A comparison of PLS-based and other dimension reduction methods for tumour classification using microarray data
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Biotechnological development in the area of genomics has lead to an explosion in the amount of large datasets containing thousands of simultaneously measured gene or protein expressions from biological samples. Accordingly, there has been much activity in the development or re-deployment of many multivariate and data-mining techniques that may be used to analyze such data. A particular area of interest is tumour classification based on microarray data and many studies have compared various methods for this purpose. However, many of these studies compare methods based on a single benchmark dataset, or worse still compare methods from very different families where issues such as implicit data standardization (e.g. dissimilarity metric) might be responsible for differences in performance rather than the fundamental nature of the method.
This study compares the classification accuracy of three different families of multivariate methods: 1. PLS-based methods; 2. Canonical ordination methods; and 3. Classification using scores obtained from indirect [unsupervised] projection methods. The success of the methods is gauged on their ability to correctly classify out-of-sample biological samples arising from three widely used benchmark datasets into tumour categories. Classification rates were also compared for varying numbers of components, both with the full complement of genes, and with only those identified as differentially expressed.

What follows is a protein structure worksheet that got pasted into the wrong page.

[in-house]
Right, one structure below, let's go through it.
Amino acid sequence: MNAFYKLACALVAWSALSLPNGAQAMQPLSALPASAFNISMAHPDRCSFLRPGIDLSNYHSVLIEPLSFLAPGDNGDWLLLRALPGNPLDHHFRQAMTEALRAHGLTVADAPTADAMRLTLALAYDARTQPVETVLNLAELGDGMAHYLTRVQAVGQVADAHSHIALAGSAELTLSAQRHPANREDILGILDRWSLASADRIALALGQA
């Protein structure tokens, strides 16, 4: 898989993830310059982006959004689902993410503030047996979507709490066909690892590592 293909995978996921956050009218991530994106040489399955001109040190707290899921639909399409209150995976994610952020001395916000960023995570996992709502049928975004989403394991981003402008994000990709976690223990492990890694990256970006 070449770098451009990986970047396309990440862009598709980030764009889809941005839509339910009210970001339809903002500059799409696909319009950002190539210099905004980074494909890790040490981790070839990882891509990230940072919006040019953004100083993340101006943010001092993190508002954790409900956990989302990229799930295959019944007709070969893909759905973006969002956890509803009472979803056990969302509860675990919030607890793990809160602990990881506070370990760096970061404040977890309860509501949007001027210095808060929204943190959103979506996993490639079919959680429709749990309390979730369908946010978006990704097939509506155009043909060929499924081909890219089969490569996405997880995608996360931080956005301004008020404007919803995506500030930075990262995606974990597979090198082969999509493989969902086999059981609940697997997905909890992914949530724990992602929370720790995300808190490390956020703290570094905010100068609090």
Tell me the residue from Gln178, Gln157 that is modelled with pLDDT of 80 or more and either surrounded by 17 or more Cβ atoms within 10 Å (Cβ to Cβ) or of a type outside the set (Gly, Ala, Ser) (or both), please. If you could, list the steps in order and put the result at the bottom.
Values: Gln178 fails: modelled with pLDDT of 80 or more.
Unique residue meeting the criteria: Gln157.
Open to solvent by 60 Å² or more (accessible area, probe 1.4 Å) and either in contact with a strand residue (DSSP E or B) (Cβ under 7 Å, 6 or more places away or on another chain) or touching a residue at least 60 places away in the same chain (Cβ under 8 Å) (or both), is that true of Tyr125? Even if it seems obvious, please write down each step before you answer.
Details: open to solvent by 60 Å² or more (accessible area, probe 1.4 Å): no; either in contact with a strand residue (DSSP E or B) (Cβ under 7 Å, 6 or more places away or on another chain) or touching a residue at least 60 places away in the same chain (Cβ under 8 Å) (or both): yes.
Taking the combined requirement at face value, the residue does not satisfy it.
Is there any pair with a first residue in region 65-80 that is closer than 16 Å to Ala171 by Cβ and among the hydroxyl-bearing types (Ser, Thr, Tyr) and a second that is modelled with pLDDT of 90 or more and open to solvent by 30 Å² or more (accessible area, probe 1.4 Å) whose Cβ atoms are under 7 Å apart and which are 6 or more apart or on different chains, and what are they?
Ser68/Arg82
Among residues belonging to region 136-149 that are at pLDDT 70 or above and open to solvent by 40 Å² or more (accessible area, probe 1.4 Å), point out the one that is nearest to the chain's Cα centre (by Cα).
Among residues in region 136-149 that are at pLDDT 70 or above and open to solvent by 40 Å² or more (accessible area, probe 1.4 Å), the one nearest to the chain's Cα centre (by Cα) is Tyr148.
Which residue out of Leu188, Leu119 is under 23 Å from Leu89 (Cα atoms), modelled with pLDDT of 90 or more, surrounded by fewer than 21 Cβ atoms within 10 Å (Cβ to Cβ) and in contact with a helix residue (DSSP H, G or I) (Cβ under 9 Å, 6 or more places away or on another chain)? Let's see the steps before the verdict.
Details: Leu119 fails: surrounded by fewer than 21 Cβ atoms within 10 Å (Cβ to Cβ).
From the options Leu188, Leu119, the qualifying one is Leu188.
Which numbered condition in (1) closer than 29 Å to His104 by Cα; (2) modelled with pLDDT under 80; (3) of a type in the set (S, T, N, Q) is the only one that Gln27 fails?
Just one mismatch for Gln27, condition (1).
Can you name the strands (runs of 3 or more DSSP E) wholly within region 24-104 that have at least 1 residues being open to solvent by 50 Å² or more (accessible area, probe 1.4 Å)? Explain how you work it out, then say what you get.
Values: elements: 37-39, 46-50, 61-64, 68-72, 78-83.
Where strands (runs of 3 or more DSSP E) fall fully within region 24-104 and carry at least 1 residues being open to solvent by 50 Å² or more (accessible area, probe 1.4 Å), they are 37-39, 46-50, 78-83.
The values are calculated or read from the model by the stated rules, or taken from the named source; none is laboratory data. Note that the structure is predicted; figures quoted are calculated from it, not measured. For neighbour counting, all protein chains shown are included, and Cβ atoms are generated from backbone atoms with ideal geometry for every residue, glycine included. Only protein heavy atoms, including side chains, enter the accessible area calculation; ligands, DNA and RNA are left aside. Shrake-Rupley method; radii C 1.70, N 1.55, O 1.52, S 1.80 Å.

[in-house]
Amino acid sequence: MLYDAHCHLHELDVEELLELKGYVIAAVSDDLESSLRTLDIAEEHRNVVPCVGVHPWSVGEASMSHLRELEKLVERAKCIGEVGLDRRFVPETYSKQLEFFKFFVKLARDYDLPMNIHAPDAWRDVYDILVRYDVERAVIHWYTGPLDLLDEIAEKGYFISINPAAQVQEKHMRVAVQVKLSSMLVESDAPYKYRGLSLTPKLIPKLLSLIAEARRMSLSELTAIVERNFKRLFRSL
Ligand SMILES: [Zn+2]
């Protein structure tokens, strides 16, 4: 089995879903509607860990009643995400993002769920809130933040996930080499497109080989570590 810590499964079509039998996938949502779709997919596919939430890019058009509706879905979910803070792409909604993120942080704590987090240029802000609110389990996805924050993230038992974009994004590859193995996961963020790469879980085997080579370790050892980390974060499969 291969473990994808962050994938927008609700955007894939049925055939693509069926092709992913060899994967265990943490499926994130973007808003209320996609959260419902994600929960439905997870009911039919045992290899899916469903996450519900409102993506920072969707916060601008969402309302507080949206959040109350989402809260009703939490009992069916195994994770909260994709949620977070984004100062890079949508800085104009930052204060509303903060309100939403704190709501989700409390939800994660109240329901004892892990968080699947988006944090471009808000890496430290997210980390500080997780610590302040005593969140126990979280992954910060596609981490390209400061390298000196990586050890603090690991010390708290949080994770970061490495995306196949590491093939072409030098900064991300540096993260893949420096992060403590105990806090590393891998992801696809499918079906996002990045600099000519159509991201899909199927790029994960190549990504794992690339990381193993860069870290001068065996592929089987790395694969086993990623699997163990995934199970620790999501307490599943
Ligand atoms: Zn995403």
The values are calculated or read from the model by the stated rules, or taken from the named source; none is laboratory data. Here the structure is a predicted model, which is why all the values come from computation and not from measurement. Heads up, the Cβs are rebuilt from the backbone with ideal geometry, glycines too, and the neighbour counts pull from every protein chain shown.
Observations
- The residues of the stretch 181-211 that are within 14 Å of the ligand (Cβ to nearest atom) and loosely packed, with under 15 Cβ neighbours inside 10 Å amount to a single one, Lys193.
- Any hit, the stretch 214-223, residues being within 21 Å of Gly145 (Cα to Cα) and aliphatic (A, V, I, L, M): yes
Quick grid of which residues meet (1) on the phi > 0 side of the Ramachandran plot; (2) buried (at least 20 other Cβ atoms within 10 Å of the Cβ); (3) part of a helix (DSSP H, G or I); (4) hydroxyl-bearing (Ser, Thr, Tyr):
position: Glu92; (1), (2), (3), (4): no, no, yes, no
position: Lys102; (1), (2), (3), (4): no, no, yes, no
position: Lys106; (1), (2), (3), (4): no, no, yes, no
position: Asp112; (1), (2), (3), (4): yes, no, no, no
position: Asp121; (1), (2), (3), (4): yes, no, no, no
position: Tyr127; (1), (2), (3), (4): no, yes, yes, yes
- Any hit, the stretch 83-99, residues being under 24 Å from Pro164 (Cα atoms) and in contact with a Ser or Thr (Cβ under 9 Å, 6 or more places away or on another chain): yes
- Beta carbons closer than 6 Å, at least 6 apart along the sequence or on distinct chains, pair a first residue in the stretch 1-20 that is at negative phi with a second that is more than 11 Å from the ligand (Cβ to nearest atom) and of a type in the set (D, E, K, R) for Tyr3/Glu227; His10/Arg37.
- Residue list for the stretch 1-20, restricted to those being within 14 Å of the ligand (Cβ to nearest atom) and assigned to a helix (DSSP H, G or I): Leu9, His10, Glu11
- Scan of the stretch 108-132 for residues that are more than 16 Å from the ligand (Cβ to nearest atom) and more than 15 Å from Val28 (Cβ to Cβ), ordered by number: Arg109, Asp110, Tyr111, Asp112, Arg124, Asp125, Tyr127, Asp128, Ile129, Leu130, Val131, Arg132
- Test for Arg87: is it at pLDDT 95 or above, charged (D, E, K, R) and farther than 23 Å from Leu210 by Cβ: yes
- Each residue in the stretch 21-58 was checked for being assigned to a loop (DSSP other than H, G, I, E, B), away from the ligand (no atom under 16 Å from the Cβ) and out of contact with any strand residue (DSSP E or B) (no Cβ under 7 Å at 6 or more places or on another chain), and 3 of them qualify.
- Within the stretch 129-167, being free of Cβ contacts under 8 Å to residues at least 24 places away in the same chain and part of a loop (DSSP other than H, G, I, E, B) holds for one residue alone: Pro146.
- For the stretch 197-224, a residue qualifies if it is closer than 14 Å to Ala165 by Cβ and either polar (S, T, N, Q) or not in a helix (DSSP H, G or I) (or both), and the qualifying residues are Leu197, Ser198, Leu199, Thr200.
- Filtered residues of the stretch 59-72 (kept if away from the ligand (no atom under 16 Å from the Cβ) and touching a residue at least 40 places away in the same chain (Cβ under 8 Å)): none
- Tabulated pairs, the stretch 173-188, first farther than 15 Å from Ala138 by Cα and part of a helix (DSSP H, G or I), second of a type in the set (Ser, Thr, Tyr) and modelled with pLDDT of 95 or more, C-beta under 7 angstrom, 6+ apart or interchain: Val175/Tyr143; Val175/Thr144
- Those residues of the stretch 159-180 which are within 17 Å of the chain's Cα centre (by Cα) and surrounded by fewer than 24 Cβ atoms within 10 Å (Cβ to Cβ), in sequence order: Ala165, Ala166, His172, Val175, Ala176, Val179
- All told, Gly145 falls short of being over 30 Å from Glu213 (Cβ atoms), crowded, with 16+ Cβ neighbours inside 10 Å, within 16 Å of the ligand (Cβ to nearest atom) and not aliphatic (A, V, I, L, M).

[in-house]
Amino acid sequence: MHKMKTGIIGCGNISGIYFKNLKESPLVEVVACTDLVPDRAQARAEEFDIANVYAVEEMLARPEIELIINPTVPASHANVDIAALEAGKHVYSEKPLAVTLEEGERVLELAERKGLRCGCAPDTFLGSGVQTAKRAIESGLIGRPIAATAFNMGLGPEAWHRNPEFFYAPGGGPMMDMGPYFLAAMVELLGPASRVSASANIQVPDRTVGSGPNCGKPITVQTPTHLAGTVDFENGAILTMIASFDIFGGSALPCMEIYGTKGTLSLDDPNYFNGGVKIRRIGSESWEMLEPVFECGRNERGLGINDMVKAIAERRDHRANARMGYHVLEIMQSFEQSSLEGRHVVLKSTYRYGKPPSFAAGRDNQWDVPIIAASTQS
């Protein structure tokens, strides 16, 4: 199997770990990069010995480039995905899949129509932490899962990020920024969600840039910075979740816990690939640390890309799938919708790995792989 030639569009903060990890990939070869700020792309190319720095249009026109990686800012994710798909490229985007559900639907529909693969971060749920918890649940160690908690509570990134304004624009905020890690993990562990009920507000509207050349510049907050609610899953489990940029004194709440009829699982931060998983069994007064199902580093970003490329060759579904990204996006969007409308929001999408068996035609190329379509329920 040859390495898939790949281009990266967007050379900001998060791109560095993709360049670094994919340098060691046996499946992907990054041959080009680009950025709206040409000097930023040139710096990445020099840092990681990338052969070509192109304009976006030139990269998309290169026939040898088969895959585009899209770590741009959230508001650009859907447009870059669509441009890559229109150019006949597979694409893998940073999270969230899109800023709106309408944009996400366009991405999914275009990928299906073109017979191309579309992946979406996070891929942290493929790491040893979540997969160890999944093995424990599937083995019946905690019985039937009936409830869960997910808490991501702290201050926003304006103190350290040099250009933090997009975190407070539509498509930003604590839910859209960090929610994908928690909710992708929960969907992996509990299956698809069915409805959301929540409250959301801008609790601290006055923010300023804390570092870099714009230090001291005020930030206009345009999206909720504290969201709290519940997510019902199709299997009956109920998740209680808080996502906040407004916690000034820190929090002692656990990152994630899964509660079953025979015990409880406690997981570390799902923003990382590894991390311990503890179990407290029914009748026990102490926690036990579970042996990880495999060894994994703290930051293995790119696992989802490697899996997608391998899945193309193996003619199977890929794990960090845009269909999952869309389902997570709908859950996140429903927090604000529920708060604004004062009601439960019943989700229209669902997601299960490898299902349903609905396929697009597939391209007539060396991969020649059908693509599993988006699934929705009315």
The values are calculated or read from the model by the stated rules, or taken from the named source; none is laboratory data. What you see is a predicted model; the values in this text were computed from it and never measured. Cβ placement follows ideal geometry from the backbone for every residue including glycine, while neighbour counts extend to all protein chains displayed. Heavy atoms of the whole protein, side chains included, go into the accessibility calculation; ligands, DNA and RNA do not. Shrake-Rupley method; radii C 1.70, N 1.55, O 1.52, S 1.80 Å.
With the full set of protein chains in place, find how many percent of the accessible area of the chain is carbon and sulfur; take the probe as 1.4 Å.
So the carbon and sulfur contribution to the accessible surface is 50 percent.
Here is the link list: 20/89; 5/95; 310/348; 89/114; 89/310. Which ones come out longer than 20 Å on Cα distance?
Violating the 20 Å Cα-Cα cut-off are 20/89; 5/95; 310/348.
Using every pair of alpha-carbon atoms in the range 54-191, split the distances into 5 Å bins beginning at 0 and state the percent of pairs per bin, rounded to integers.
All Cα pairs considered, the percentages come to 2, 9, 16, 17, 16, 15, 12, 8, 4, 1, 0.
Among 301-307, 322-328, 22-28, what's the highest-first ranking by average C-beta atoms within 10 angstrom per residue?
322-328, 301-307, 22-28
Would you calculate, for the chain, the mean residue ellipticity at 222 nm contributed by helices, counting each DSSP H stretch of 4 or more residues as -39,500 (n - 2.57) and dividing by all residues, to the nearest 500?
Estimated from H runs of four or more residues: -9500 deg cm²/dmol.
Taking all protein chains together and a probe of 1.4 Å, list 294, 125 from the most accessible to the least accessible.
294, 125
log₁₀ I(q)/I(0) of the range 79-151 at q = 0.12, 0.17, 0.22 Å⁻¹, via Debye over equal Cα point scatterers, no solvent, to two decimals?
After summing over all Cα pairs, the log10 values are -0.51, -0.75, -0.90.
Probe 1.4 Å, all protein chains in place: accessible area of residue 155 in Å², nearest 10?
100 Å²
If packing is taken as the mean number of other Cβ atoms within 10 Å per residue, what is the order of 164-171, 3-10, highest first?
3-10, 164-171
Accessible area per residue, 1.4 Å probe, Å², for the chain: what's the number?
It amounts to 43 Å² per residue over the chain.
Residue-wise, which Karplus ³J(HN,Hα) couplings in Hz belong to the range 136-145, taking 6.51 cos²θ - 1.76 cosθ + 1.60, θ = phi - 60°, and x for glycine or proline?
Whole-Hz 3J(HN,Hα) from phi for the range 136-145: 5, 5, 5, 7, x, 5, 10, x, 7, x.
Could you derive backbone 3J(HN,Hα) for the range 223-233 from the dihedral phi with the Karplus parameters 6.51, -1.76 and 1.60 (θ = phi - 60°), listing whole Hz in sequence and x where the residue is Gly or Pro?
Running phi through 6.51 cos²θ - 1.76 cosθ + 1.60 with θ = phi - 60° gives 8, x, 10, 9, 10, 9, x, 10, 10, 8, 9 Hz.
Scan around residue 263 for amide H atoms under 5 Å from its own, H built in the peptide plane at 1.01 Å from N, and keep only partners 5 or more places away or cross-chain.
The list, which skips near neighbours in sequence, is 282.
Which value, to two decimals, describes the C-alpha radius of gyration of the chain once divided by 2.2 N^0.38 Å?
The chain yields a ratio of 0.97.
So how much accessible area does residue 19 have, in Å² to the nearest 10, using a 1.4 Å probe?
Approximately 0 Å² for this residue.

All three PLS-based methods yielded lower or at worst, equal misclassification rates as the other methods for all three benchmark datasets. Generalized and Ridge-penalized PLS classification outperformed all other methods when fewer gene components were used in the classification process. Performance of the Canonical ordination methods was highly variable across the three different datasets with these methods performing well on two of the datasets, and poorly on the remaining dataset. The indirect dimension reduction methods did not perform well with higher misclassification rates relative to at least one of the other families of techniques, however, these methods did improve with higher numbers of components, and when only differentially expressed genes were considered.
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